It’s quite simple really – just four ingredients are required: water, hops, malted barley and yeast.

The whisky industry has done a really good job educating whisky enthusiasts about the importance of water in the final product. Whether it’s drawn from a spring in limestone soils in Kentucky, peat-rich dirt on Islay or a crystal-clear mountain stream, water quality is non-negotiable.

As beer writer and international judge Lucy Corne wrote in issue 19 of CHEERS, hops is the sexy ingredient. “Hops season the brew, adding bitterness, flavour and aroma. Hops bring a wide range of aromas to the glass: grapefruit and granadilla; pine needles and black pepper; mango and melon and lemon and orange. Grown in the USA, northern Europe, Australia, New Zealand and right here in South Africa, hops can be likened to grape varieties. They need a certain type of terroir to thrive and their characteristics depend on where they have been grown. And like grape varieties, hops come with memorable monikers like Colombus, Citra, Saaz and Fuggles.”

If hops is the x-factor then malted barley is the frame on which the brew is built. As Corne wrote, it’s malt that gives beer its colour while also adding a set of flavours. Notes of toast, bread or biscuit, toffee, coffee, caramel or chocolate to be found on your favourite brew? That would be the malt.

It’s most important contribution though, is that of providing the necessary sugar that is turned into alcohol during fermentation. And for fermentation to occur, yeast is required. “Yeast’s most important job is converting sugars into alcohol but it also brings its own set of flavours to the party, most famously in Belgian beers and German Weissbiers, with their characteristic aromas of bubble-gum, banana and spice,” Corne wrote.

That’s the essential process and ingredients required for brewing beer – but matters are complicated even more when consumers realise there are in the region of 120 recognised styles!

Here’s an alphabetical “need-to-know” glossary of all things beer:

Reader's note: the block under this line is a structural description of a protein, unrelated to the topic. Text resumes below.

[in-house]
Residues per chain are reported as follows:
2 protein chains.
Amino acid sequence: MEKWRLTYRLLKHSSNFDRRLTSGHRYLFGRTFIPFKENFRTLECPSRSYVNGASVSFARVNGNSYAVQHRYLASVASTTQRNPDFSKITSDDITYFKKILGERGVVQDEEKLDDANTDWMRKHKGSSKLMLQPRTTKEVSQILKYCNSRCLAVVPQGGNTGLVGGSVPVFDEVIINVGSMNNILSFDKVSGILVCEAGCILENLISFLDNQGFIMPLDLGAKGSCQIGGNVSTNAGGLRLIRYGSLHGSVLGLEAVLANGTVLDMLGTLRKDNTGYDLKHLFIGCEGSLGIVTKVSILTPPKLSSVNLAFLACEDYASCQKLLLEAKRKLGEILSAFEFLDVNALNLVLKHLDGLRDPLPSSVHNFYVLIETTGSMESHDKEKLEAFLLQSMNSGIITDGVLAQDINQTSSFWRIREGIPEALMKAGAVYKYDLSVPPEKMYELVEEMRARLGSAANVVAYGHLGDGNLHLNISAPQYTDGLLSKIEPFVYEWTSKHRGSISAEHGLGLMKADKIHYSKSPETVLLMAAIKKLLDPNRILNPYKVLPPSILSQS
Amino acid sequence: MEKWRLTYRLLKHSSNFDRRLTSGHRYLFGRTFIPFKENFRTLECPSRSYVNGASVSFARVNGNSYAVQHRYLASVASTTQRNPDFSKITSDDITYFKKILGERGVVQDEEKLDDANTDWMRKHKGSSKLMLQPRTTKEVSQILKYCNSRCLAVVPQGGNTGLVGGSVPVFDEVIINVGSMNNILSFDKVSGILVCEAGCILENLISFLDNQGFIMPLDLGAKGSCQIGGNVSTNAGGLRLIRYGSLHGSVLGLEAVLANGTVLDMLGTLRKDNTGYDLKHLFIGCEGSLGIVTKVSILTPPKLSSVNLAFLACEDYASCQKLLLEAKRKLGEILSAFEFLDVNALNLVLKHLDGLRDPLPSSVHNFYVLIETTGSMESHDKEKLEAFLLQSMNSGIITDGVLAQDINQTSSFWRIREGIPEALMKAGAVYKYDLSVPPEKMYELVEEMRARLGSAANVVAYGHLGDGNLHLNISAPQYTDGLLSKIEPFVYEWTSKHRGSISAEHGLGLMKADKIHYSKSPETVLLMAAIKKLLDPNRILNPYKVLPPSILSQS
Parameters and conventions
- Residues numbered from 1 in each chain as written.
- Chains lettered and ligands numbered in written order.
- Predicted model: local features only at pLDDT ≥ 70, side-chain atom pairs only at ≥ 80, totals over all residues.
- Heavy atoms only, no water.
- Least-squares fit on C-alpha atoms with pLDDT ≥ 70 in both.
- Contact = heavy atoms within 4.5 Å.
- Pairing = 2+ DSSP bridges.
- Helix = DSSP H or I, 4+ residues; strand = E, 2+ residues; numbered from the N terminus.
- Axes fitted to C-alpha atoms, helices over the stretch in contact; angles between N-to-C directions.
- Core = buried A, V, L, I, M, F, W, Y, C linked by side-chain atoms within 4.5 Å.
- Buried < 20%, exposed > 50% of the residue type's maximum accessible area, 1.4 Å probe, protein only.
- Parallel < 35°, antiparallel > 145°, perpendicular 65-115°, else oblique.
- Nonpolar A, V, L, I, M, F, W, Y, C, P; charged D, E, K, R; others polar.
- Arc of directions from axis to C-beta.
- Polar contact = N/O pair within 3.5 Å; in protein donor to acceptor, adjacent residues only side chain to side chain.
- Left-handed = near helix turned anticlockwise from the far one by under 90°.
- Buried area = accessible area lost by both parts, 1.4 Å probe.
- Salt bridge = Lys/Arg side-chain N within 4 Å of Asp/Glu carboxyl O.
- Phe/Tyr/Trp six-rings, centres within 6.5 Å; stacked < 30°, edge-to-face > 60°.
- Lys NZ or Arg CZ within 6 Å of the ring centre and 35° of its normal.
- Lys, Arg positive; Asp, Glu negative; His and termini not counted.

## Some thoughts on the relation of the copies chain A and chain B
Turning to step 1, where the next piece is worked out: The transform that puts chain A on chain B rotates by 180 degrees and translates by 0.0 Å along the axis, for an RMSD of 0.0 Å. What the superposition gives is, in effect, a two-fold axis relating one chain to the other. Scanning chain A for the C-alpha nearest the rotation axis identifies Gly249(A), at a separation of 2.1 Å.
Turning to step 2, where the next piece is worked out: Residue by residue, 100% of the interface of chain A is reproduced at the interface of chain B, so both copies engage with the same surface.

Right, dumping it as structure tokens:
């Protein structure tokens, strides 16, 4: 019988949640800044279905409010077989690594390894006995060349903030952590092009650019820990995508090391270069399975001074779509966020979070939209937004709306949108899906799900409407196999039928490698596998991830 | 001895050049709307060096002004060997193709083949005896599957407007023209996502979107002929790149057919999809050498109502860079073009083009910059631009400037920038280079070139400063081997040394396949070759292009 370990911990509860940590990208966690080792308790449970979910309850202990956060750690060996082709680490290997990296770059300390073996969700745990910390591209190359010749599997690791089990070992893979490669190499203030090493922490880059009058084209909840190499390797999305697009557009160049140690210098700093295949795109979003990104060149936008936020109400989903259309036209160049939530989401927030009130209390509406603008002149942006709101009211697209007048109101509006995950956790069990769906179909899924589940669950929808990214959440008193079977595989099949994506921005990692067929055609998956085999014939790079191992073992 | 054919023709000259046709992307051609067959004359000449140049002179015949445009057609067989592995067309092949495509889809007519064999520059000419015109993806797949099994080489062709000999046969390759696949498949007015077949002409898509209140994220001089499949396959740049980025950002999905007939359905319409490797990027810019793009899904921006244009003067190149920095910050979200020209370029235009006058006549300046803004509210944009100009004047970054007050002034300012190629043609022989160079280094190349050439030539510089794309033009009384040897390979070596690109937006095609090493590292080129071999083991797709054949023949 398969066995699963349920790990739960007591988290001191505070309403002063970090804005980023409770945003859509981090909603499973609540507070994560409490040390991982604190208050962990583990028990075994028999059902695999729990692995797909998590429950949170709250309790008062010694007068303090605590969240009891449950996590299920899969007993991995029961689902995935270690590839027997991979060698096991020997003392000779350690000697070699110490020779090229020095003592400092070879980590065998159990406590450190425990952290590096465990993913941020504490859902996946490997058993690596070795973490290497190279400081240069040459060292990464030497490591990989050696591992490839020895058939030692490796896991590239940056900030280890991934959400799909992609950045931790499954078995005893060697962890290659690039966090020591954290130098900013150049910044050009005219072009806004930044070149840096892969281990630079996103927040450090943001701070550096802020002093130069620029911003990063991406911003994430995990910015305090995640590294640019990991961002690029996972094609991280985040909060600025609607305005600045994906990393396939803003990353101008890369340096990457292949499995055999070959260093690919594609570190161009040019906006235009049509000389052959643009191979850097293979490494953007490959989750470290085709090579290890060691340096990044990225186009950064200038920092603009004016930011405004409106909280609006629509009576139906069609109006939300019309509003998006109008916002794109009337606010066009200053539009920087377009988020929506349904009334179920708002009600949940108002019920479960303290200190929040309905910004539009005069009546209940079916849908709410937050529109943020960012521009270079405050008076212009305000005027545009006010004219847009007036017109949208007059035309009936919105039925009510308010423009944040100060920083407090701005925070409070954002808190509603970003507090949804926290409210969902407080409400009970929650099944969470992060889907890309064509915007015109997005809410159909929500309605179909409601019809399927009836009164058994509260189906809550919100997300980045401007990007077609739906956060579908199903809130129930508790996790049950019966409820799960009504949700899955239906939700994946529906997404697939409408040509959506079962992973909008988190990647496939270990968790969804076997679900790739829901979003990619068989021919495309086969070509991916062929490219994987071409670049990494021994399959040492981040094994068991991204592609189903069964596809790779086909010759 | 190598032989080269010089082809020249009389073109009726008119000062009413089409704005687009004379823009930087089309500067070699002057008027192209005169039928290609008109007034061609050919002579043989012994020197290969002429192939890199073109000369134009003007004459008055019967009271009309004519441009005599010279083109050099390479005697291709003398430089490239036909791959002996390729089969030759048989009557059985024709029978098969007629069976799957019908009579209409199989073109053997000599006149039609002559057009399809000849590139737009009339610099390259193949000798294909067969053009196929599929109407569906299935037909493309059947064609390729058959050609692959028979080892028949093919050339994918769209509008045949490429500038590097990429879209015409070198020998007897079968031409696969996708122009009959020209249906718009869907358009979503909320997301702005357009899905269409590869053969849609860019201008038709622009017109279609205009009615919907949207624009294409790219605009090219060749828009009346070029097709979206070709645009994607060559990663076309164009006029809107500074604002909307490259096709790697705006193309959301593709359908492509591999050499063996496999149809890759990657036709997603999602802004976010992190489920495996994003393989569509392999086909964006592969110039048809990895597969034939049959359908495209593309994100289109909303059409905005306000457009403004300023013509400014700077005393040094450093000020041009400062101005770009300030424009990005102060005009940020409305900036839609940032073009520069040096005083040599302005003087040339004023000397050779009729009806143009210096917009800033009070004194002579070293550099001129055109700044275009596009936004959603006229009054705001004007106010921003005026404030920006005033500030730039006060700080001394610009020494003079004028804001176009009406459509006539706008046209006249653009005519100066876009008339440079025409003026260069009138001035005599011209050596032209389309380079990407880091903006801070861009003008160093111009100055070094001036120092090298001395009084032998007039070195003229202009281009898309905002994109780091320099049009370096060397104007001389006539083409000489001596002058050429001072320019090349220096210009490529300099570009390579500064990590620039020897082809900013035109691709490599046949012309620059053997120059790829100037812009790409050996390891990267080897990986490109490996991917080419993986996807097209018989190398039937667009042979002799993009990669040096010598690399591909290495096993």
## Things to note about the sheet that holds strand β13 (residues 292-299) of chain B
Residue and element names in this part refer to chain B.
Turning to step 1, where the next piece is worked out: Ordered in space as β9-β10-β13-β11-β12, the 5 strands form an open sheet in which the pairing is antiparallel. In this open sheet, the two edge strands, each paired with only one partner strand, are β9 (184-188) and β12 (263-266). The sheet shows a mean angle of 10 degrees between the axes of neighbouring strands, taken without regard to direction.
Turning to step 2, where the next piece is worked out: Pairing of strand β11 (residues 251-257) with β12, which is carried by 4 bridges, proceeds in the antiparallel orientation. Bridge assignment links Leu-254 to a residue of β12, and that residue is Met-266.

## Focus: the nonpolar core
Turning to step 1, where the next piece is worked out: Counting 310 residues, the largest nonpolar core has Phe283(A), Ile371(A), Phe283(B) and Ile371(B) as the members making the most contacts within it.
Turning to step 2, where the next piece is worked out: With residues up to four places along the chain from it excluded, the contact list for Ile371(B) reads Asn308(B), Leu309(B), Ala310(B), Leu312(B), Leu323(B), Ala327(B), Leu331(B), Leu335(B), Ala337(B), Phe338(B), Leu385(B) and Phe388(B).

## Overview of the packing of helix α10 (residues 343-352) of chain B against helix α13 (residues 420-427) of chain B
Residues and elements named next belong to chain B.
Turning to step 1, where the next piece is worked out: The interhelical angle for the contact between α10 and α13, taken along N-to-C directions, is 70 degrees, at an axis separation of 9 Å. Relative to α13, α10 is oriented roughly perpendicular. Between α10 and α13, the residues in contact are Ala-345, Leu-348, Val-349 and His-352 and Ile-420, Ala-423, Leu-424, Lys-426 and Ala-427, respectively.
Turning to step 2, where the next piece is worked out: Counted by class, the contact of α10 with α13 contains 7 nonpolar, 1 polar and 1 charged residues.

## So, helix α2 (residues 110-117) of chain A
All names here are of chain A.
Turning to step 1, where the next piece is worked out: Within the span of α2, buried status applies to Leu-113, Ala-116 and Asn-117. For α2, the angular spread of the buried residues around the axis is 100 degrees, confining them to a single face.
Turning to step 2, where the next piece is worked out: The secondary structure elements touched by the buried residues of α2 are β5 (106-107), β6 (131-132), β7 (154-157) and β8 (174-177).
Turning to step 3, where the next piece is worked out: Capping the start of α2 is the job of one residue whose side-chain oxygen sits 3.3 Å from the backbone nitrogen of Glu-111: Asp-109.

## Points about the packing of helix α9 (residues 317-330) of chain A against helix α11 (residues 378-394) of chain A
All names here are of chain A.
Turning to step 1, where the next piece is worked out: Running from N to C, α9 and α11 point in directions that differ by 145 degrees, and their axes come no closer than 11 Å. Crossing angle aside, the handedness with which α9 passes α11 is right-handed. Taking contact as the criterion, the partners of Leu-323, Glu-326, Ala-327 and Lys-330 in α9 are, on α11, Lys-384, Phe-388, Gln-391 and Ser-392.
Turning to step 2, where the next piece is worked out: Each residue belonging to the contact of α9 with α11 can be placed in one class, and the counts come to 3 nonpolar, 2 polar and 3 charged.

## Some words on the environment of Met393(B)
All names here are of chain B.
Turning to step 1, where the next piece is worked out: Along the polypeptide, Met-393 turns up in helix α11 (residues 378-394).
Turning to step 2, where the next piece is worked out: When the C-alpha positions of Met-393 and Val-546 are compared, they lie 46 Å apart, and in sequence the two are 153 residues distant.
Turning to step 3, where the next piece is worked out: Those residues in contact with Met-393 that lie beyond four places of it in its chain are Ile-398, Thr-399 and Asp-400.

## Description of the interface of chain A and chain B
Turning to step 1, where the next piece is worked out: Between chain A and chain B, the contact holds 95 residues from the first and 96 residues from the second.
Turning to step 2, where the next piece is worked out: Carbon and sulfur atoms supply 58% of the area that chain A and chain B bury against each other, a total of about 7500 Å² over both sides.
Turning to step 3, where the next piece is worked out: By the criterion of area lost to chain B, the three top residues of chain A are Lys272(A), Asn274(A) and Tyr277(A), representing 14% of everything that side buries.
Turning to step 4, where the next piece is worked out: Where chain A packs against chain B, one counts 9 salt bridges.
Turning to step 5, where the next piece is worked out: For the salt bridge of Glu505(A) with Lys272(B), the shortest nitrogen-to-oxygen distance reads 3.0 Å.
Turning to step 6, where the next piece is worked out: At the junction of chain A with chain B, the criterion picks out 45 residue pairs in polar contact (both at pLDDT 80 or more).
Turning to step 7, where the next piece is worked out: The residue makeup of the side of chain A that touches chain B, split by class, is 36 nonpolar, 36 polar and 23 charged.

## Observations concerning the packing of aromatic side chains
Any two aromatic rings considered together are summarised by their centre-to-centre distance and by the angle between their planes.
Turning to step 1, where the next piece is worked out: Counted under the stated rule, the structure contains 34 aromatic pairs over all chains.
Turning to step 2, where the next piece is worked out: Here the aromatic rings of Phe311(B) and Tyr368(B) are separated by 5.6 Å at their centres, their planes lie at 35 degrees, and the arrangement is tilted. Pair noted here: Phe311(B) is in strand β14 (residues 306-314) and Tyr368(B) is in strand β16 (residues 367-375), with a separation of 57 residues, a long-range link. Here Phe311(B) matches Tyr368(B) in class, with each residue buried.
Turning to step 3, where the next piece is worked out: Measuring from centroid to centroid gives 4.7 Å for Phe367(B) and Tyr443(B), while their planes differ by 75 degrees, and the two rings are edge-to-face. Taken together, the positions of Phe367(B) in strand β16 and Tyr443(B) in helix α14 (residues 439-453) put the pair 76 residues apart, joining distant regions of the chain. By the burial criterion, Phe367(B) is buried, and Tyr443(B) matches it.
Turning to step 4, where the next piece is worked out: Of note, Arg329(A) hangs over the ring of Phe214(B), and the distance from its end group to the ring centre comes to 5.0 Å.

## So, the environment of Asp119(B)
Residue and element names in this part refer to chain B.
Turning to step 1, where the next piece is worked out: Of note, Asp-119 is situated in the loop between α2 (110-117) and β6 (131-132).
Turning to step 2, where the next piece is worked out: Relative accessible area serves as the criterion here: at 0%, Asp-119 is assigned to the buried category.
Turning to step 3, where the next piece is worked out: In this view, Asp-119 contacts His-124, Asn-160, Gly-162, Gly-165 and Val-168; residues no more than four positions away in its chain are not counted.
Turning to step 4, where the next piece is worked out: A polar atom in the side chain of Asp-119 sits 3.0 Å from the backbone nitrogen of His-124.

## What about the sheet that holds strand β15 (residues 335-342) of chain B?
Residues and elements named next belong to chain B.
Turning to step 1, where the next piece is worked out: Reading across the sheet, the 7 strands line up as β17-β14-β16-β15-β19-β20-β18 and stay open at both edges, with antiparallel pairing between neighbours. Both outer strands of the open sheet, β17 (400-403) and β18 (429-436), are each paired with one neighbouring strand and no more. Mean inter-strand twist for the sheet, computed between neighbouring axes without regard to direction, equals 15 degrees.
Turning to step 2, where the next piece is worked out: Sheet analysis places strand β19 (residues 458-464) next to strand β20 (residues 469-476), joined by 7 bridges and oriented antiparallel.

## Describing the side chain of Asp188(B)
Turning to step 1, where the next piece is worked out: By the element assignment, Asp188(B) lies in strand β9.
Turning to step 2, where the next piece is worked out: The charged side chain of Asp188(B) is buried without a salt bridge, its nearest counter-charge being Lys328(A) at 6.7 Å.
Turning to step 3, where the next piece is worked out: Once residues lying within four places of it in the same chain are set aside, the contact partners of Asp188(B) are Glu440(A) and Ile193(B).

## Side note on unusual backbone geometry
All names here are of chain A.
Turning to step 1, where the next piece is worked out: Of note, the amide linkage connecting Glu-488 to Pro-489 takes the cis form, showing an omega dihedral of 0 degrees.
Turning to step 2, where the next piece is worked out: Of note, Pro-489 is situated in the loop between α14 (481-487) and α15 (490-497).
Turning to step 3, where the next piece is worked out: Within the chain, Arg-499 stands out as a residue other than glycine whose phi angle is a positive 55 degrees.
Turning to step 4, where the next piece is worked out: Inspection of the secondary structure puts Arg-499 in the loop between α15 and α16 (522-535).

Ais for Ale, the historic brew made initially only from barley, water and yeast. Hops only became part of the recipe centuries later. Ales are top-fermented beers and typically brewed at warmer temperatures.


Bis for Barley and Bitters. Barley is the cereal grain used as the base for beer – and other distilled spirits such as whisky, for example. Bitters don’t describe the aromatic liquid used to colour and flavour gaudy cocktails but describes the sharpness of flavour imparted to a beer by hops. (Hops is added during the boiling stage of brewing and the longer it’s part of the process, the more bitter the final brew will be.)

Bis also for Bottom Fermentation – the opposite of top fermentation. In this process, yeast cells sink to the base of the fermentation tank rather than floating on the top. Hence the difference between top and bottom …


Cis for Carbonation, the light sparkle from carbon dioxide in the brew which not only helps to give beer its distinctive foamy head but also the drinker a surfeit of gas, with resulting gastric discomfort often relieved by means of a burp or belch!


Dis for Draught – a beer poured into a glass directly from the keg by means of a tap. So never bottled or otherwise packaged, it’s often considered fresher and more tasty as a result.


Eis for Esters, the technical sounding term for things which impart smells to beer, often described as fruity or flowery aromas.

Fis for Fermentation – the process by which the sugars in the cereal grain are converted into alcohol and carbon dioxide by the action of yeast inoculation.



Gis for Grist – which is when the grains of malted barley are ground finely to get them ready for the brewing process of mashing.


H is for Hops: Hops is a small cone-like flower which grows on a vine – and only the female plant yields these flowers which deliver beer’s distinctive bitter aroma and flavour. There are a host of different types of hops grown globally, with the Saaz hop being just one of them.


I is for India Pale Ale or IPA – a style of pale ale developed specifically for the East India Company which wanted a strongly hopped brew which could withstand the sea voyage to India in the mid-1800’s.

J is for the Joy which results from supping on a perfectly chilled glass of golden nectar with condensation dewing the outside of the glass …



K is for Keg, the cylindrical vessel used for the storage and transport of beer. Historically kegs were wooden but nowadays are manufactured from aluminium or steel for their ability to withstand the pressure of the carbon dioxide filled beverage. A keg generally contains 30 gallons or around 120 litres of beer.